August 30, 2008

Semester at Sea - India

I was most nervous about going to India. I had heard a lot of things about it and most of those things involved vomit.

For those of you who don't know me, puking is my biggest fear in life. I don't know why but the thought of it paralyzes me. A friend of mine from a previous voyage said the stench of certain places was so strong she threw up. To prevent that, I bought a chapstick, like Burt's Bees, really pepperminty, and rubbed it under my nose every time I went out. Additionally, we were warned by EVERYONE about the horrors of Dehli Belly. It's like Montazuma's Revenge only a lot more brutal. We were told the situation there was so bad that we should not eat off of plates that still appeared wet, we had to keep our mouths closed when we were in the shower and we were instructed to brush our teeth with bottled water.

I was prepared. Before I boarded the ship, I bought supplies, mostly for this India visit. I had packs of granola bars and other snacks as well as my own bottled water. My plan was not to eat anything whiile I was there. I also practically bathed myself in hand sanitizer. I know, I'm crazy. But it worked. I never puked.

What did happen was a bloody nose. We docked in Chennai (Madras), a heavily populated city in Southern India. All of India is heavily populated. As a result, it is heavily polluted. My nose was bloody the entire time we were there. I'll take that over puke any day.

My amazing roommates and I were becoming attached to the hip at this point and ventured out on our first afternoon. I have never in my life seen so many people (minus Carnival) but this wasn't a special event. It was just every day life. The ship frequently docks in that port and despite the massive debt that trip put me in, I was still considered wealthy to the throngs of poor we had to weave through in order to explore the city.

I'd been in crowds before but I had never been around so many people who were in absolute poverty. And this was the first time in all my travels where the beggars touched you and thrust their children at you. One old woman with an infant took our hands and helped us across the street. It was all very overwhelming.

Taking the cab rides were scary. We rode rickshaws, which are essentially motorcycles with a fancy board balanced on the back as a "seat" and it's given a cover to appear more car-like. They are notoriously unsafe but Kaycee, Lauren and I managed to squeeze into one. Of course, the drivers wouldn't take anyone where they wanted to go. They were all promised commissions if we were taken to the most upscale shops and bought things. I understand that we seemed wealthy in comparison to the poverty surrounding us, but there is also considerable wealth in India - they stay off the streets. By no means could we afford a single item in the places they took us to. We argued with our cab driver as he continued to promise to take us to our destination only to take us to another shop. After a while, we just gave up and went back to the ship.

I was lucky enough to visit the Taj Mahal. I flew Indian Airlines to New Delhi and then remember having to take a train for about 6 hours into the night to wherever we were going. People slept side by side on the grounds near the tracks. We all collected the train food we didn't finish and left it on a bench - handing out money or food to any one person could have started fights.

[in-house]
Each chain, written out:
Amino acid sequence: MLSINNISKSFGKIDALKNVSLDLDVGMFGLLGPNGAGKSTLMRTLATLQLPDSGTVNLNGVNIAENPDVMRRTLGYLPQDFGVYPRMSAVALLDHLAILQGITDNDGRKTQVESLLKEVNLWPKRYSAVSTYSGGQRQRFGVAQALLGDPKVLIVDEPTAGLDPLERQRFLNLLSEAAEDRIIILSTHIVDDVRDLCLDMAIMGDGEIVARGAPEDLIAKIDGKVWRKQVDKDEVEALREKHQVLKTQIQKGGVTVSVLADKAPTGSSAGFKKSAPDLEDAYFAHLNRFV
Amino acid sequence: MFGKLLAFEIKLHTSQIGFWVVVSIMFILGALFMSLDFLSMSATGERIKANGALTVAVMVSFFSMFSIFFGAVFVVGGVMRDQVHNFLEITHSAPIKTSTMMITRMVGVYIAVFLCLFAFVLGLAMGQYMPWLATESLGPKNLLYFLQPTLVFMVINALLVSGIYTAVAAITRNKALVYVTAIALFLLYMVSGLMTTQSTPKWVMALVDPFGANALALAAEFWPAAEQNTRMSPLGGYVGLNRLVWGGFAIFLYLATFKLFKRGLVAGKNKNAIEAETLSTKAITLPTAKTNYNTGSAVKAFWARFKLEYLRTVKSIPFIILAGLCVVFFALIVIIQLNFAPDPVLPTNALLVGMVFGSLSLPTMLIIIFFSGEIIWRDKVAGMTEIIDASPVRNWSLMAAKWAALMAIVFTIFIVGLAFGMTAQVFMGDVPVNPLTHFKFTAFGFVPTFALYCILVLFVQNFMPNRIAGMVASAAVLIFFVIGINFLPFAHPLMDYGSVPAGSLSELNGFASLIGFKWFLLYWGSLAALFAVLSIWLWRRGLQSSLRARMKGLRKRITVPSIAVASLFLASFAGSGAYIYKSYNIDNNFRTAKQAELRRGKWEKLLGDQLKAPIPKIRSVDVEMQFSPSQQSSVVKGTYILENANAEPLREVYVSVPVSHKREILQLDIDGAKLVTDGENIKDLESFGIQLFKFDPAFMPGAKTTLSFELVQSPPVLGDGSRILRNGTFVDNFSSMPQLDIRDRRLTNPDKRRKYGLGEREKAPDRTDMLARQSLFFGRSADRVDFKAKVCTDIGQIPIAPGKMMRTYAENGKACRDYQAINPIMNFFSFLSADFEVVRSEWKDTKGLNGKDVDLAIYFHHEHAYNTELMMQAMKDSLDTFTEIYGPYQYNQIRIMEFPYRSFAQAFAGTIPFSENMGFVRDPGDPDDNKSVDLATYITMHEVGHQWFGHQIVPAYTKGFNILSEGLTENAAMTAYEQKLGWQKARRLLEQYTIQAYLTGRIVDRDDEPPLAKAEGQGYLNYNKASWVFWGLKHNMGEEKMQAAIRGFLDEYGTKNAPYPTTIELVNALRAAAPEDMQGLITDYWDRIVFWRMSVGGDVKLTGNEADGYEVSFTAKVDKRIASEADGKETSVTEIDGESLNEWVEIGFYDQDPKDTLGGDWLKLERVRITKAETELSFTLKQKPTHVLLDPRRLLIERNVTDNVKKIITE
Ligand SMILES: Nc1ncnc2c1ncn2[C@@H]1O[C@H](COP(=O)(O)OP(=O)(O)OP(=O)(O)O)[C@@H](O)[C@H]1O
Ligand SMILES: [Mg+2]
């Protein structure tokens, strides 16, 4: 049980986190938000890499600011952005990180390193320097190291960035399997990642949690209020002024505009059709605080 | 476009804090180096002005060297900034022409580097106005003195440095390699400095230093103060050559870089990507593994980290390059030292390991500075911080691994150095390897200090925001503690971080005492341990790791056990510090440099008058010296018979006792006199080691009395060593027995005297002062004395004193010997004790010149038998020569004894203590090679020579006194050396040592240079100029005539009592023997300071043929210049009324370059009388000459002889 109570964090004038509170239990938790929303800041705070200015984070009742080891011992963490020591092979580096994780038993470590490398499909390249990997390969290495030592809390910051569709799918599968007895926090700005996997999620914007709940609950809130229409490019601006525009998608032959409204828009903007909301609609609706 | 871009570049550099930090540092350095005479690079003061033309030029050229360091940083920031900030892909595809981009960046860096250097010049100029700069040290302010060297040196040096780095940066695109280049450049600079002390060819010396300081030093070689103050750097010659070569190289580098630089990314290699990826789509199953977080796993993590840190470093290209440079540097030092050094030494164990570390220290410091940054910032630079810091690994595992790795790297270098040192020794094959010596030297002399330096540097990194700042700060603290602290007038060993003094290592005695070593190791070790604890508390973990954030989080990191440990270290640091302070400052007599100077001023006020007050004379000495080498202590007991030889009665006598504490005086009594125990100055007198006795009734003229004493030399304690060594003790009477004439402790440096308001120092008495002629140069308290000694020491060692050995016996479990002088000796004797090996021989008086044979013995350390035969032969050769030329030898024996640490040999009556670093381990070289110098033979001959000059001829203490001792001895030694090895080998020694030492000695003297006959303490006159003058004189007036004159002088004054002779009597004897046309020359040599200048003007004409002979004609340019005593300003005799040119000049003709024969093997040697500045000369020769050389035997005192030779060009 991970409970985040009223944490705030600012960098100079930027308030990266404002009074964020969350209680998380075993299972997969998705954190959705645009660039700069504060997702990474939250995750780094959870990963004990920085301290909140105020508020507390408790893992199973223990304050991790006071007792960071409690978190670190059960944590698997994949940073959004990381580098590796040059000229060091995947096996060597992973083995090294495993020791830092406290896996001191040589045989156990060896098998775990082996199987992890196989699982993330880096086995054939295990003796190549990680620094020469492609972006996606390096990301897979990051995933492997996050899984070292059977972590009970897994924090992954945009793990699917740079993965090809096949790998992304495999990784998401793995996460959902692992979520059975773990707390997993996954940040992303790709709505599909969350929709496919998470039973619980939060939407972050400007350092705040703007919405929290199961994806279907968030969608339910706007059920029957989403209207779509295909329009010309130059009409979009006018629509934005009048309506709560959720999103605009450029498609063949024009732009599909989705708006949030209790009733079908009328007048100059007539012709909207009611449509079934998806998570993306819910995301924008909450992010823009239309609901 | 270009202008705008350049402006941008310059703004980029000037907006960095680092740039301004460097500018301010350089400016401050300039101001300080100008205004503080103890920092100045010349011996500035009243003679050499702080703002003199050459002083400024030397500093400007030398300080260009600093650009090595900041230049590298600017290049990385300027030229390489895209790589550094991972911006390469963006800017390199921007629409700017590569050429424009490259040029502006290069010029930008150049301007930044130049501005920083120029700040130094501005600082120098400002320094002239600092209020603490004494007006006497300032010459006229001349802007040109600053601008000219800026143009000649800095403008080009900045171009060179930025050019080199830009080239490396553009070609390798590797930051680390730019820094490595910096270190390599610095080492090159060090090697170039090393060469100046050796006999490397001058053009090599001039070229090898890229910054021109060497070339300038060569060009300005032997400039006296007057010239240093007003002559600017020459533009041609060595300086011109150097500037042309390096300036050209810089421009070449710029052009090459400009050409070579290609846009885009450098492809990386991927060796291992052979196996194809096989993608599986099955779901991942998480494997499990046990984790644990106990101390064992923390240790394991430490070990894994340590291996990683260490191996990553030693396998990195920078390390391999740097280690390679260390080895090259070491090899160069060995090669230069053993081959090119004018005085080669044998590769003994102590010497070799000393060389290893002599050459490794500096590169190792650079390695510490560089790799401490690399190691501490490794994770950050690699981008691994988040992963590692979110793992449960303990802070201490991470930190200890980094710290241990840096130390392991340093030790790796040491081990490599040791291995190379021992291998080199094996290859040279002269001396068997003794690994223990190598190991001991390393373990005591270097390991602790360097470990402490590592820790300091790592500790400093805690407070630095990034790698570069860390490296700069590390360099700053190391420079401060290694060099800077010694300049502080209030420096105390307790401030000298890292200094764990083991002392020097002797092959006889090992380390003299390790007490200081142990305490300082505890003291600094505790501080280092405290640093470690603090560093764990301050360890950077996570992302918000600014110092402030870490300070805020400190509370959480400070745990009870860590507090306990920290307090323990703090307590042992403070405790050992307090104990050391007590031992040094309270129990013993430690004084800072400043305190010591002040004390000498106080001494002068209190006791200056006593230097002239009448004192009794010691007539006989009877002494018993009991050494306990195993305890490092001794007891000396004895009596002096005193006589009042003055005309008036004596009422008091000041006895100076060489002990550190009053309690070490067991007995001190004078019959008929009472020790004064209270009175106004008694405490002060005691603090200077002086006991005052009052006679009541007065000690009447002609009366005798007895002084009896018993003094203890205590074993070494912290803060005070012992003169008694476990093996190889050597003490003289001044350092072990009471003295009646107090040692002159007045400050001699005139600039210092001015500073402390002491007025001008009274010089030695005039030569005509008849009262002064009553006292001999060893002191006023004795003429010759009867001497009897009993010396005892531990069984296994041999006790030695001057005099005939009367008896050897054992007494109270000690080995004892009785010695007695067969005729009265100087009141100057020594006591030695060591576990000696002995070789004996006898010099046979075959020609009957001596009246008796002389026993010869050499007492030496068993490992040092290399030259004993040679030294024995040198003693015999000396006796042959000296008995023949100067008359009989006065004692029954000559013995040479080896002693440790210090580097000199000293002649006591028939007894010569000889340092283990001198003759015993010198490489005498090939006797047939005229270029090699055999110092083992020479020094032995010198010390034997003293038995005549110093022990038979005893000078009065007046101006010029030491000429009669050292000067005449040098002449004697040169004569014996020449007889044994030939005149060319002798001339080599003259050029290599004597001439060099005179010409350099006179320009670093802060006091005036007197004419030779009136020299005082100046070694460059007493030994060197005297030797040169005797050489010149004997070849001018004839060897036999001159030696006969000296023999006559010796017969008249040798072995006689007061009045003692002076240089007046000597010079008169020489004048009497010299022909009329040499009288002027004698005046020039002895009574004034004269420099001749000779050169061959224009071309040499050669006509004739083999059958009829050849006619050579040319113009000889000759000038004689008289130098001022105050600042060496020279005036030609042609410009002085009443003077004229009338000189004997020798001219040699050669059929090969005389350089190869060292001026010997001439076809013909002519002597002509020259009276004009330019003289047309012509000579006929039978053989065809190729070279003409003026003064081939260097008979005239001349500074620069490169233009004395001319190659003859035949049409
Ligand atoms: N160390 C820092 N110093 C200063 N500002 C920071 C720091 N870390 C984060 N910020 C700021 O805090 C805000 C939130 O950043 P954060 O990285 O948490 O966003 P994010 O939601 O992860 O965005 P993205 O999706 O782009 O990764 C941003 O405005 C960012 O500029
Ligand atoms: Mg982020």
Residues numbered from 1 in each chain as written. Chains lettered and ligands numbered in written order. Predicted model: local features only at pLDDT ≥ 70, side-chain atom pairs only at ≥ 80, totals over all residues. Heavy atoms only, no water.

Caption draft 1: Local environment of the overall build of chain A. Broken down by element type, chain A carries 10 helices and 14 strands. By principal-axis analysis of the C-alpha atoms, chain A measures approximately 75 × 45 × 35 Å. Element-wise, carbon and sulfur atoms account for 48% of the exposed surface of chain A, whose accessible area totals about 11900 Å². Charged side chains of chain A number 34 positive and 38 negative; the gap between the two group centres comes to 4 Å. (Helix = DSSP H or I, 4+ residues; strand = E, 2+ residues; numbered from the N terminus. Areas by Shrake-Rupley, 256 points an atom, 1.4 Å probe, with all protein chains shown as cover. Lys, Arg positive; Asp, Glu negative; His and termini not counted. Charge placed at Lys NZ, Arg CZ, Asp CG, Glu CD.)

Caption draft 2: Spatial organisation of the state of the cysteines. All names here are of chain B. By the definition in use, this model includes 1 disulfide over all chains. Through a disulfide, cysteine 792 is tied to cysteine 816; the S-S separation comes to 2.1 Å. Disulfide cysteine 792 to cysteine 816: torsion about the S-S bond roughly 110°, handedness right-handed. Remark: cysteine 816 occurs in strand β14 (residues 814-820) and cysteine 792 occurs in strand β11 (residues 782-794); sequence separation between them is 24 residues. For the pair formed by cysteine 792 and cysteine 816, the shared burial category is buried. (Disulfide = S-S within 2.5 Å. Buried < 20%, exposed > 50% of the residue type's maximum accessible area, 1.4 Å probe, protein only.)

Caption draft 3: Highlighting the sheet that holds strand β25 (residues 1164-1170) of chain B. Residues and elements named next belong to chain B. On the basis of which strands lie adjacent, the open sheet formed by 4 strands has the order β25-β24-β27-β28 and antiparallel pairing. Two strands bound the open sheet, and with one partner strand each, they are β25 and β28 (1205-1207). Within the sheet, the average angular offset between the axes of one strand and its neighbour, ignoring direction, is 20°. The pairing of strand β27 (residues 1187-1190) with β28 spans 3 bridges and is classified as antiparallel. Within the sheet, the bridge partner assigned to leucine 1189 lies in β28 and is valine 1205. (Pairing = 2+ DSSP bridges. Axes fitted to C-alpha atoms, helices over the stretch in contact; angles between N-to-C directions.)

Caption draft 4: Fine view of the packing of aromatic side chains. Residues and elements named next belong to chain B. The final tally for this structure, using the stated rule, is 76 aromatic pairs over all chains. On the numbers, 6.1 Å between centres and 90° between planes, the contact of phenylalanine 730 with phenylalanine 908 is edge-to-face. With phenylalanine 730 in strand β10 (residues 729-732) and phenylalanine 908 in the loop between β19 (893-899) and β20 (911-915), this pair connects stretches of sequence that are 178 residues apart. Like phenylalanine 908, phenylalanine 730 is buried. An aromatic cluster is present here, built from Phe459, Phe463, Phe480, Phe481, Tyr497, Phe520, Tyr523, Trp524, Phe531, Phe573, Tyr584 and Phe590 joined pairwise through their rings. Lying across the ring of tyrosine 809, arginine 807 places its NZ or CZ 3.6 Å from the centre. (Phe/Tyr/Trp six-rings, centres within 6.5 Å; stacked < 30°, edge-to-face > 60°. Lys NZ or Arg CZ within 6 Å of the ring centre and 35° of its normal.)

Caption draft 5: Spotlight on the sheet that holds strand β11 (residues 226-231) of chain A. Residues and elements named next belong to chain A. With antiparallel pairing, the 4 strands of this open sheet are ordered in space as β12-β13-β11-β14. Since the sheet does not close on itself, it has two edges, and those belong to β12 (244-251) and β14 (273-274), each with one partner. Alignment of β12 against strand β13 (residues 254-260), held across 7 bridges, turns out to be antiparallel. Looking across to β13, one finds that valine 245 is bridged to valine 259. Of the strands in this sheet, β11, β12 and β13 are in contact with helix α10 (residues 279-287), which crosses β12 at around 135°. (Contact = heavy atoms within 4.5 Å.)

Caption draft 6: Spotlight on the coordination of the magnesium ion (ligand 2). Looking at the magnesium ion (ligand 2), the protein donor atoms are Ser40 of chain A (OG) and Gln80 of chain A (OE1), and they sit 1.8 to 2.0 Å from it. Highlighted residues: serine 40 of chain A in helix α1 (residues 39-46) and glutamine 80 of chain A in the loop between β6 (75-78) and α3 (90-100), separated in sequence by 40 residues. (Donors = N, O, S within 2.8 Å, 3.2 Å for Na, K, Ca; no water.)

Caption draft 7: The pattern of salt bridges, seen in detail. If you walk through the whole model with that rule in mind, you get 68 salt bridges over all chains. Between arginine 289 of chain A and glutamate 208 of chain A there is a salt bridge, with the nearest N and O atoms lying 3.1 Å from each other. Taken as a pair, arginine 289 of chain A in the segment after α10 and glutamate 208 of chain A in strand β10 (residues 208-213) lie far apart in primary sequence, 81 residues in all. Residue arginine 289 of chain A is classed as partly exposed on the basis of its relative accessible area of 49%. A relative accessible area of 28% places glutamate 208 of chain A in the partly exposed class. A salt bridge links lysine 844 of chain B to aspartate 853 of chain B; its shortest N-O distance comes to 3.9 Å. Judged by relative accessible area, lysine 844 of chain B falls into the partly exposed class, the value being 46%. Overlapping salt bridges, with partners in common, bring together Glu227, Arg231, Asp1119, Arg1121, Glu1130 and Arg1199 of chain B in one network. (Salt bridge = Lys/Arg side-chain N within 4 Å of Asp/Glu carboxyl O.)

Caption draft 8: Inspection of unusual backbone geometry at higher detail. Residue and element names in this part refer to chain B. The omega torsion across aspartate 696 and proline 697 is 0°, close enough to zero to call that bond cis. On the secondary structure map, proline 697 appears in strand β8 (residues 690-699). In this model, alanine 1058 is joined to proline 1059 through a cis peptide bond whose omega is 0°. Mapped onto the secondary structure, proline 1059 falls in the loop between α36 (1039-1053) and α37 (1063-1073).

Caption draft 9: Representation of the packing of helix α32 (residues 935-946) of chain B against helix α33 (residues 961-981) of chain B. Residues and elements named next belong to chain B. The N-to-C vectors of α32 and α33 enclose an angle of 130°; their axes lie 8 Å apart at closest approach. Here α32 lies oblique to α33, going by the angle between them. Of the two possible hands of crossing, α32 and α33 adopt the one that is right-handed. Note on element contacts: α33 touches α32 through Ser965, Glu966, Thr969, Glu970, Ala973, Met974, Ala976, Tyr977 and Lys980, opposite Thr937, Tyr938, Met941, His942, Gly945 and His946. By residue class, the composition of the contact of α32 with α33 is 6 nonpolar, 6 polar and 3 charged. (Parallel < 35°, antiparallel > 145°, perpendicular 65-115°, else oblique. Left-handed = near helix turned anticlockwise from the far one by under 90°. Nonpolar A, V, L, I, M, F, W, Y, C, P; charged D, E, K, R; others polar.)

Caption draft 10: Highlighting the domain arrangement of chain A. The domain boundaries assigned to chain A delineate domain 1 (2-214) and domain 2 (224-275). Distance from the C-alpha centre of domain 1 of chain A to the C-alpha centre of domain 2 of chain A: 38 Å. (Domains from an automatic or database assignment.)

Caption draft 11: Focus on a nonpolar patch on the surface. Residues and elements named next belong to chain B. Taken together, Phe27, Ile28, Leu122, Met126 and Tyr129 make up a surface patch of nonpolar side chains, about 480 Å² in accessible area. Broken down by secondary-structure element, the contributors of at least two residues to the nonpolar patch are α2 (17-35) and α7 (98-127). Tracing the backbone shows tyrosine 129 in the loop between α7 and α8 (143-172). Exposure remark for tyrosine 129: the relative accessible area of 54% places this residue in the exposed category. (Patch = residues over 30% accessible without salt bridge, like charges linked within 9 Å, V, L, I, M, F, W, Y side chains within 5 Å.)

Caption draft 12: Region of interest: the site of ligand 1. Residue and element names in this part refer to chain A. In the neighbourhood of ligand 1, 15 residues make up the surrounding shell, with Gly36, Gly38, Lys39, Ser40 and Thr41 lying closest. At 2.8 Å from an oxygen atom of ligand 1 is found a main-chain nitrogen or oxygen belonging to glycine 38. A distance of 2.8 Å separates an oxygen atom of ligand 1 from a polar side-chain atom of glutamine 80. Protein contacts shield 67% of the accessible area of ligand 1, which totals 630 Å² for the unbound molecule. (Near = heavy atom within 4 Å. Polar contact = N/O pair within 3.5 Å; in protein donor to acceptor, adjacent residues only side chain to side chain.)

We visited so many places in India but I remember the travelling most. We truly did see cows roam free along the street, many camels too. But the camels were used as transport. We saw men with bears on the side of the street. They had a rope around the bear and when they pulled on the rope it would make them sort of smile and dance. We found out that these people trap bears and use them as a side show on the streets, demanding money if people take a picture. They fasten ropes around the bears mouths and when they pull on it they writhe in excrutiating pain, but to people who don't know any better it looks like smiling and dancing. It was heartbreaking.

I also rode an elephant. Their treatment was questionable and I think my friends and I were on a young elephant. It was so hot and the sun was really strong and I was so sad for these elephants I couldn't enjoy my time with them.

I went to my first temple and saw my first snake charmer. And then, I saw the Taj Mahal. It is so beautiful. It is so perfect that my mind couldn't wrap itself around the reality of it and the whole time I was there it looked like a painting or a photoshopped backdrop. I had no idea what the Taj Mahal was but I was expecting the inside to be almost like a home. It wasn't. It houses the tombs of the Emperor and his wife. He had it built as a declaration of his love. There is nothing else inside. Cameras are not allowed so unfortunately, I can't show you. It was smaller than I thought but absolutely amazing.

As we left the Taj Mahal we had to walk through a large park to get to the entrance. There were tons of kids begging for money and trying to sell us junk. There were cops patrolling the grounds and they would hit the kids they caught trying to sell to us.

The whole visit was amazing. Definitely full of contrasts. Unremarkable beauty next to filth and squalor; it was a place you either love or hate. I ended up loving it. I was mentally exhausted by the end of our visit but I think it was a turning point. It marked the halfway point of our voyage and it is probably where most of us felt that change - the spark that our travels meant more than flagging points on a map.

For me, I passed a test. We stayed at a great hotel that was considered to of very high standards. We ate there one night - an amazing feast of Indian food and I decided to partake. I was getting sick of my granola bars. Indian food remains one of my favorites and authentic Indian food cannot be beat.

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